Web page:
In an editorial, “Aravot” predicts that President Robert Kocharian will not become prime minister after completing his second and final term in office next spring. “If Serzh Sarkisian becomes president -- and there seems nothing at present standing in his way -- it is likely that a real transfer of power will take place within the framework of the same system,” writes the paper. “And the new president, who, unlike Kocharian, will be representing a party, will take over the country’s leadership in full. It will be very logical if the president and the parliament majority want to see a representative of their own, ruling party in the post of prime minister.”
“What will Kocharian do?” asks “Aravot.” “Of course, as he said, he will not retire. Fortunately, nor will he be declared an enemy of the nation, which is what the current official propaganda has been doing with respect to the first president of Armenia. The most likely place where the second president may find himself is a big Russian-Armenian state business.”
“Aravot” also reports that former President Levon Ter-Petrosian, who has rarely made public appearances since his resignation, has held meetings in the towns of Gyumri, Vanadzor and Aparan of late. “It’s summer and we are just meeting with our friends,” a senior member of the former ruling HHSh, Andranik Hovakimian, is quoted as explaining. “This has nothing to do with running or not running for president. And those meetings are attended not only by the HHSh but all those people who were active in those towns during the  movement.”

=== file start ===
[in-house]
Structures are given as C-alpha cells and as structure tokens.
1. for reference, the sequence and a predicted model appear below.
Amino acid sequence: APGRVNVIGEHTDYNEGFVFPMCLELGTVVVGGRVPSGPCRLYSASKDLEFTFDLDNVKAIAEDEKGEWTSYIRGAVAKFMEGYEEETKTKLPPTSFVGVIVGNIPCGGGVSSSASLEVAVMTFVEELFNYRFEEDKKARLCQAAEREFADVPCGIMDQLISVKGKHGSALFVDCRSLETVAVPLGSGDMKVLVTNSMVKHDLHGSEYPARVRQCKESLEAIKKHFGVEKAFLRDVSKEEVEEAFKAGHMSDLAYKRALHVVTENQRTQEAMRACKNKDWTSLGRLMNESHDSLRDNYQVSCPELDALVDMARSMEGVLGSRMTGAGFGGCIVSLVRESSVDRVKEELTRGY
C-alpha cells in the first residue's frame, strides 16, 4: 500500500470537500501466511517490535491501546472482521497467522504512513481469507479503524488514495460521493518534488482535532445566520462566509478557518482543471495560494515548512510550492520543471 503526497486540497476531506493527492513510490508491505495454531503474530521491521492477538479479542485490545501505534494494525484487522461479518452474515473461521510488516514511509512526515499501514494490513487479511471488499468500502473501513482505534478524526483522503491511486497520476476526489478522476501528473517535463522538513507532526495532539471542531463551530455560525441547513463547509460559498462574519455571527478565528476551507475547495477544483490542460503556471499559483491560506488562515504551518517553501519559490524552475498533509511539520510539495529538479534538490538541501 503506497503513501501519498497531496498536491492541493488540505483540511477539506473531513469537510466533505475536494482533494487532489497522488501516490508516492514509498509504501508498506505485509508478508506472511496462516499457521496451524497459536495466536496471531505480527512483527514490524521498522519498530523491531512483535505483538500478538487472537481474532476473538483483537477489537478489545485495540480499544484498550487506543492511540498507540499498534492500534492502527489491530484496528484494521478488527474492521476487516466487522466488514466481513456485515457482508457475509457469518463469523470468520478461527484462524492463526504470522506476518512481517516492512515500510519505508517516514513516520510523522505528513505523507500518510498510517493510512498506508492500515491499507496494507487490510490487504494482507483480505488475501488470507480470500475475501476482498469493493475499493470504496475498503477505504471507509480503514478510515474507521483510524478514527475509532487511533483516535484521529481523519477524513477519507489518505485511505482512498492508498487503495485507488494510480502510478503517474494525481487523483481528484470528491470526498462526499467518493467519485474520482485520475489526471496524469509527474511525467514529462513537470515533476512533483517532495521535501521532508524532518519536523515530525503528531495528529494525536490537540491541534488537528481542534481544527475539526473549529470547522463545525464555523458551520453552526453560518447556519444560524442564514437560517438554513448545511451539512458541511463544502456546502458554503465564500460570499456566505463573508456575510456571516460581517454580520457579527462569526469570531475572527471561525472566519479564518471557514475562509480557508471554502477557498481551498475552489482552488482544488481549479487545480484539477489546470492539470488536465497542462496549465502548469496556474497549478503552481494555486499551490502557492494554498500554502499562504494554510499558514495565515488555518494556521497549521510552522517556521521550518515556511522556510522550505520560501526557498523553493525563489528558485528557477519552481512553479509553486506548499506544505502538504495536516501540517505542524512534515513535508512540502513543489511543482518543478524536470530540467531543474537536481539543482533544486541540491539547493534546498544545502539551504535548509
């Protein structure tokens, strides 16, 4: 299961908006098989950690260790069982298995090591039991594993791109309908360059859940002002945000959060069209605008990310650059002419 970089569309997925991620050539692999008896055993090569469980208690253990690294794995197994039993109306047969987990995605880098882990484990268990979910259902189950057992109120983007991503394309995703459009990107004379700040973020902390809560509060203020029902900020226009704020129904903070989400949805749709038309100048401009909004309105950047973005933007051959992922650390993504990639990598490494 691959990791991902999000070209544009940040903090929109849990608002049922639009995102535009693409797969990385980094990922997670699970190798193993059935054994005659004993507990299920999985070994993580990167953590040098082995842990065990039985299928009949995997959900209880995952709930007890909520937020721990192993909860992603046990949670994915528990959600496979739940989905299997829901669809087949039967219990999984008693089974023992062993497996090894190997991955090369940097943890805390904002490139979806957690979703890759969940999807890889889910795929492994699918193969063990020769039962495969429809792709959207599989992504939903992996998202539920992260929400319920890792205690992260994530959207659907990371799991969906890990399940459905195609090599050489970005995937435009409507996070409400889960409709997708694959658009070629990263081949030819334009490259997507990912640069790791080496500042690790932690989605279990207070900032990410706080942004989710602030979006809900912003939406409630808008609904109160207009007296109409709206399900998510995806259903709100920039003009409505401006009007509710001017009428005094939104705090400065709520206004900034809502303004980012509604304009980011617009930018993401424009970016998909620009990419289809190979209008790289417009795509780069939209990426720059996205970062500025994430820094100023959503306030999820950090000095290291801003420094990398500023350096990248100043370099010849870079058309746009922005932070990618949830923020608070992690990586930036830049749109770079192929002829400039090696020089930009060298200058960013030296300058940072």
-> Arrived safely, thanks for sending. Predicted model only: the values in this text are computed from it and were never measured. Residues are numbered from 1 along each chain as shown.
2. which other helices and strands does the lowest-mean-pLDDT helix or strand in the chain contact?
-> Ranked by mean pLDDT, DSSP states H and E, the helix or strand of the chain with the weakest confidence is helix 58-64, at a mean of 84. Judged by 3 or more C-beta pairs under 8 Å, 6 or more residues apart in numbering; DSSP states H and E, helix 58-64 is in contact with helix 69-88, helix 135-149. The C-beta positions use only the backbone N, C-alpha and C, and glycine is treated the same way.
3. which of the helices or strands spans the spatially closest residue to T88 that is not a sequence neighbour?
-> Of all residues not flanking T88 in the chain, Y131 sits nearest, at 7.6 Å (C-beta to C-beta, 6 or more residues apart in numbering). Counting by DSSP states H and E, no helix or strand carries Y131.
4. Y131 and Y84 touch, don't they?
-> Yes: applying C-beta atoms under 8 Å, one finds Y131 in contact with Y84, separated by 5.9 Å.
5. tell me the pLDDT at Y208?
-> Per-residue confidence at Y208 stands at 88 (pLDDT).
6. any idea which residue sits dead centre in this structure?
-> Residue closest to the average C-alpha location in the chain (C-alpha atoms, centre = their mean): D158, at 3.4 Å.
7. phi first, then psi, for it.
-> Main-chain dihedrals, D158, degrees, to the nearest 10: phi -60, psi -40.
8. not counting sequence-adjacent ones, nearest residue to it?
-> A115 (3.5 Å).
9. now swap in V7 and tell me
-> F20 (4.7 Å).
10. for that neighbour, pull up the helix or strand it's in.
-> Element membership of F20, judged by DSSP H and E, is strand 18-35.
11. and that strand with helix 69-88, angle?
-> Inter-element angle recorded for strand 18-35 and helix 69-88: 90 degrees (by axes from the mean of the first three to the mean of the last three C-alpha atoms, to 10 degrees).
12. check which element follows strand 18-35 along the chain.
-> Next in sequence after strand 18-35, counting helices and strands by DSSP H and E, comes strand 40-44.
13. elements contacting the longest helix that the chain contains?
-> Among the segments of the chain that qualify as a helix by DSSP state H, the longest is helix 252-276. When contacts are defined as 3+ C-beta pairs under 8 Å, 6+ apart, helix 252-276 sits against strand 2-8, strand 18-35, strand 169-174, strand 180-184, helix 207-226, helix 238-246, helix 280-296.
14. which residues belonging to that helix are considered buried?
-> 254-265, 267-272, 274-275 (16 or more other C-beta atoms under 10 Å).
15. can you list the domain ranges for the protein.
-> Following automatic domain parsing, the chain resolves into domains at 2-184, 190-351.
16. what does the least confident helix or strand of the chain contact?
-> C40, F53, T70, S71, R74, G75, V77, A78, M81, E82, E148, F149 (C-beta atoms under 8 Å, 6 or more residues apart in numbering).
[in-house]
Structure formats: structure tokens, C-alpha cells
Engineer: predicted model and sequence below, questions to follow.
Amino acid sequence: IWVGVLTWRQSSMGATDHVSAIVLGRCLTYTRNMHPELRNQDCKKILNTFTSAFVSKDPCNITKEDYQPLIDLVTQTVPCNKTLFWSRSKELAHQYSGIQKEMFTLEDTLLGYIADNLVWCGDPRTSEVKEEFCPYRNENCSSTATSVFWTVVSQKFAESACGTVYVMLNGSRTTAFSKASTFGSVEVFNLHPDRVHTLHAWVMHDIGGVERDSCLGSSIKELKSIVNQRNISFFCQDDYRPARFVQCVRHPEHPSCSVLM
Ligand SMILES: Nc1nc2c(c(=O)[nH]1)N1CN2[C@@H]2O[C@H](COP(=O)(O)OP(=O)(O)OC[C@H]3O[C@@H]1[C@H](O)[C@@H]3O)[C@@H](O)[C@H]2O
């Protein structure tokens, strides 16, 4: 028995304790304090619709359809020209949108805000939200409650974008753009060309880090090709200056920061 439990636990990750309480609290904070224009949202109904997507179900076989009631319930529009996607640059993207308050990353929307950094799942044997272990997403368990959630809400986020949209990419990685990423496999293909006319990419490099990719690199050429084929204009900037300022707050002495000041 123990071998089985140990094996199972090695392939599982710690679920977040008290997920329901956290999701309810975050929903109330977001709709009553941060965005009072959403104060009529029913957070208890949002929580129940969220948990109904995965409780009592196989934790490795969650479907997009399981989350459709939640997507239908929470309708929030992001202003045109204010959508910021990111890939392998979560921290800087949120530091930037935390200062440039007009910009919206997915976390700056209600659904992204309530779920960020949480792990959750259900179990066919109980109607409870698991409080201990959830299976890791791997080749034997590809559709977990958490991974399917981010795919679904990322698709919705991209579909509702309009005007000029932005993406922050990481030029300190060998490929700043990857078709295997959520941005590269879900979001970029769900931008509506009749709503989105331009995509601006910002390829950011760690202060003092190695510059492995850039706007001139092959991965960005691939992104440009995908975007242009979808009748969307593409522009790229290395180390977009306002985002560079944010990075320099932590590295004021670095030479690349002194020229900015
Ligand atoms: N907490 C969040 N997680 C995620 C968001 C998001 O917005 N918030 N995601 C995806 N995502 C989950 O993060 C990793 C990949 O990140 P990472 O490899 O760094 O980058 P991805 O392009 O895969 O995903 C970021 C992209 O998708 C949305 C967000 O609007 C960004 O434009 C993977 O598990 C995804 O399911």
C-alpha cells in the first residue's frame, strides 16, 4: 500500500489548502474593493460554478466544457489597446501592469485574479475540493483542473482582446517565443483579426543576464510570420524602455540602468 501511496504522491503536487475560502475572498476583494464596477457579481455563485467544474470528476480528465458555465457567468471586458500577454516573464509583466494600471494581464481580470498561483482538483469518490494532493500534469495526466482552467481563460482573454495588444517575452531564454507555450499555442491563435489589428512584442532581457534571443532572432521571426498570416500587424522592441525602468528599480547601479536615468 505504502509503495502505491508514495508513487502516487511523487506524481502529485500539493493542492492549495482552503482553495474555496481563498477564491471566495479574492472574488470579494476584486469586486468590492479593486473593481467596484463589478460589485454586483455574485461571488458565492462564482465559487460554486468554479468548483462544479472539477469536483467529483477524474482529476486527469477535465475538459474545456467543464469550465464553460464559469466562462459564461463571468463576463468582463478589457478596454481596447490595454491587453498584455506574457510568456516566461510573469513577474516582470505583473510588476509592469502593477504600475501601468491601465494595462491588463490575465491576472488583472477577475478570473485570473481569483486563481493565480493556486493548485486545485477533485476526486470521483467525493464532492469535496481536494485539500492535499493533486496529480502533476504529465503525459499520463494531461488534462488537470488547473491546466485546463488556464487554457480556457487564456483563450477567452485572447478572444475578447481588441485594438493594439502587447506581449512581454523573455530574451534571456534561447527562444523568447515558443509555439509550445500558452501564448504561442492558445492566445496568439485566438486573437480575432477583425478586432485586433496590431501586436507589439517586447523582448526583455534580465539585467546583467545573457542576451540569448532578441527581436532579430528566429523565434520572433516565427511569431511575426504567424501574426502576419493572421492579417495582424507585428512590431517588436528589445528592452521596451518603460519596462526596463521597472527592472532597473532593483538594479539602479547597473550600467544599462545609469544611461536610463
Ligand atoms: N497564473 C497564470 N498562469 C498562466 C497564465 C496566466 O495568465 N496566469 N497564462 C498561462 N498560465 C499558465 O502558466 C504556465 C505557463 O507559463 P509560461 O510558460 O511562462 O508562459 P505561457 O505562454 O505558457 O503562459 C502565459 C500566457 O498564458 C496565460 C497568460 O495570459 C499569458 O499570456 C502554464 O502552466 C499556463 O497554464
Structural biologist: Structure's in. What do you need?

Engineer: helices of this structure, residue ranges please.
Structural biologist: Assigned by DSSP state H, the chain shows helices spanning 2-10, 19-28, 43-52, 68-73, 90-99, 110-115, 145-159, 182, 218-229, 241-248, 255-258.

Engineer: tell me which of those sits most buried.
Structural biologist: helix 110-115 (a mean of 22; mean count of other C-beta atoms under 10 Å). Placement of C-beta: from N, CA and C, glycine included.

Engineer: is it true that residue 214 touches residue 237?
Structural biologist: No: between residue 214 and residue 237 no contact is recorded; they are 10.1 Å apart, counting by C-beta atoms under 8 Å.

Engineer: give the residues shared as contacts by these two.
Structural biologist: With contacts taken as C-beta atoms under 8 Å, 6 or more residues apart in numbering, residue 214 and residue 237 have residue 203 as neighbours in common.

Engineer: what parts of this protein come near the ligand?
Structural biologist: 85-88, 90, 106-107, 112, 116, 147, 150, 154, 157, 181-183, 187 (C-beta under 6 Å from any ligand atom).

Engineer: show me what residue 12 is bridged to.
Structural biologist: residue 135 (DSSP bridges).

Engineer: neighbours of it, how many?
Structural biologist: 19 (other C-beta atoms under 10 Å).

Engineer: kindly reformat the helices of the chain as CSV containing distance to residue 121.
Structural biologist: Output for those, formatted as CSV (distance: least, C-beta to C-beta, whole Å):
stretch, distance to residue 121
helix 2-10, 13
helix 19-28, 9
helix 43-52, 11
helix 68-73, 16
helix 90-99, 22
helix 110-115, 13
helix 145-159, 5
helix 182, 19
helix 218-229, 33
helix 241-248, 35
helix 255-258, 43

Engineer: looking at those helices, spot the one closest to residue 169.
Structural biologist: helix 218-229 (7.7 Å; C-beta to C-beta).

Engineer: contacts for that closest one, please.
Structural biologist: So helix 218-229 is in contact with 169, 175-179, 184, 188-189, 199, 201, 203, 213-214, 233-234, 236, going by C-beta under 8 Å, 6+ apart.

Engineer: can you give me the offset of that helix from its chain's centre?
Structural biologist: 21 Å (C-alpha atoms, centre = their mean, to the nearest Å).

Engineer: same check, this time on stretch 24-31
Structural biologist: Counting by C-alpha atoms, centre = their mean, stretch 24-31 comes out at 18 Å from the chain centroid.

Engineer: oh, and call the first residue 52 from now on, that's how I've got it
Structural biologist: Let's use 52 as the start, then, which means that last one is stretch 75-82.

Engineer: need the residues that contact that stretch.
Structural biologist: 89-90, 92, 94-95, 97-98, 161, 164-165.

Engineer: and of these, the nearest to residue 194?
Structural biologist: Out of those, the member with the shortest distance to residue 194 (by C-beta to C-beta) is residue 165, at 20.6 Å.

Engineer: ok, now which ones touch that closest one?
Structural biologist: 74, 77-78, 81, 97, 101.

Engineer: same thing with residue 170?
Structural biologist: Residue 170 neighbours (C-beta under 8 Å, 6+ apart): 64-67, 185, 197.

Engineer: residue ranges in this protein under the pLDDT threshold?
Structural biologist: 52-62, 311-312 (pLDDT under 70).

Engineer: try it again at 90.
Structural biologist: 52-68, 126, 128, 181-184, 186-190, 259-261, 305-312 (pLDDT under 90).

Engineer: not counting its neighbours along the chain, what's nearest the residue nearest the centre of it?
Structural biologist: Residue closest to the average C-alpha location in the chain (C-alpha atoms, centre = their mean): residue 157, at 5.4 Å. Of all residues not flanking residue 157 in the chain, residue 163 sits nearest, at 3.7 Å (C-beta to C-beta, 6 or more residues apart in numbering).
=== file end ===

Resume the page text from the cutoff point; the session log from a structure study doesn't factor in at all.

“Hayots Ashkhar” reports that the official average wage in Armenia reached an equivalent of $210 a month in June, up by about 10 percent from the December 2006. The paper says employees of banks and other financial firms are the highest paid in Armenia, earning more than three times the national average. They are followed by employees of local mining companies who make over $400 a month. “Wages are also relatively high in the construction sector ($280), the restaurant and hotel business ($270), and the sphere of transport and communications ($245).” By contrast, says the paper, public sector workers are still paid well below the average.
According “Hayk,” economic growth in Armenia is a breeding ground for pickpockets, who all but stopped operating in the country in the 1990s. The paper quotes one pickpocket, identified as Ashot, as saying that the most common object of theft these days is not wallets, but mobile phones. He says they are easy to both steal and sell. Yerevan residents are at particularly high risk of falling victim to such crimes in the two busiest metro stations. “A single experienced pickpocket can steal three or four mobile phones a day. Though there are days when nothing works out.” Most of the stolen handsets are smuggled into neighboring Georgia, the paper says.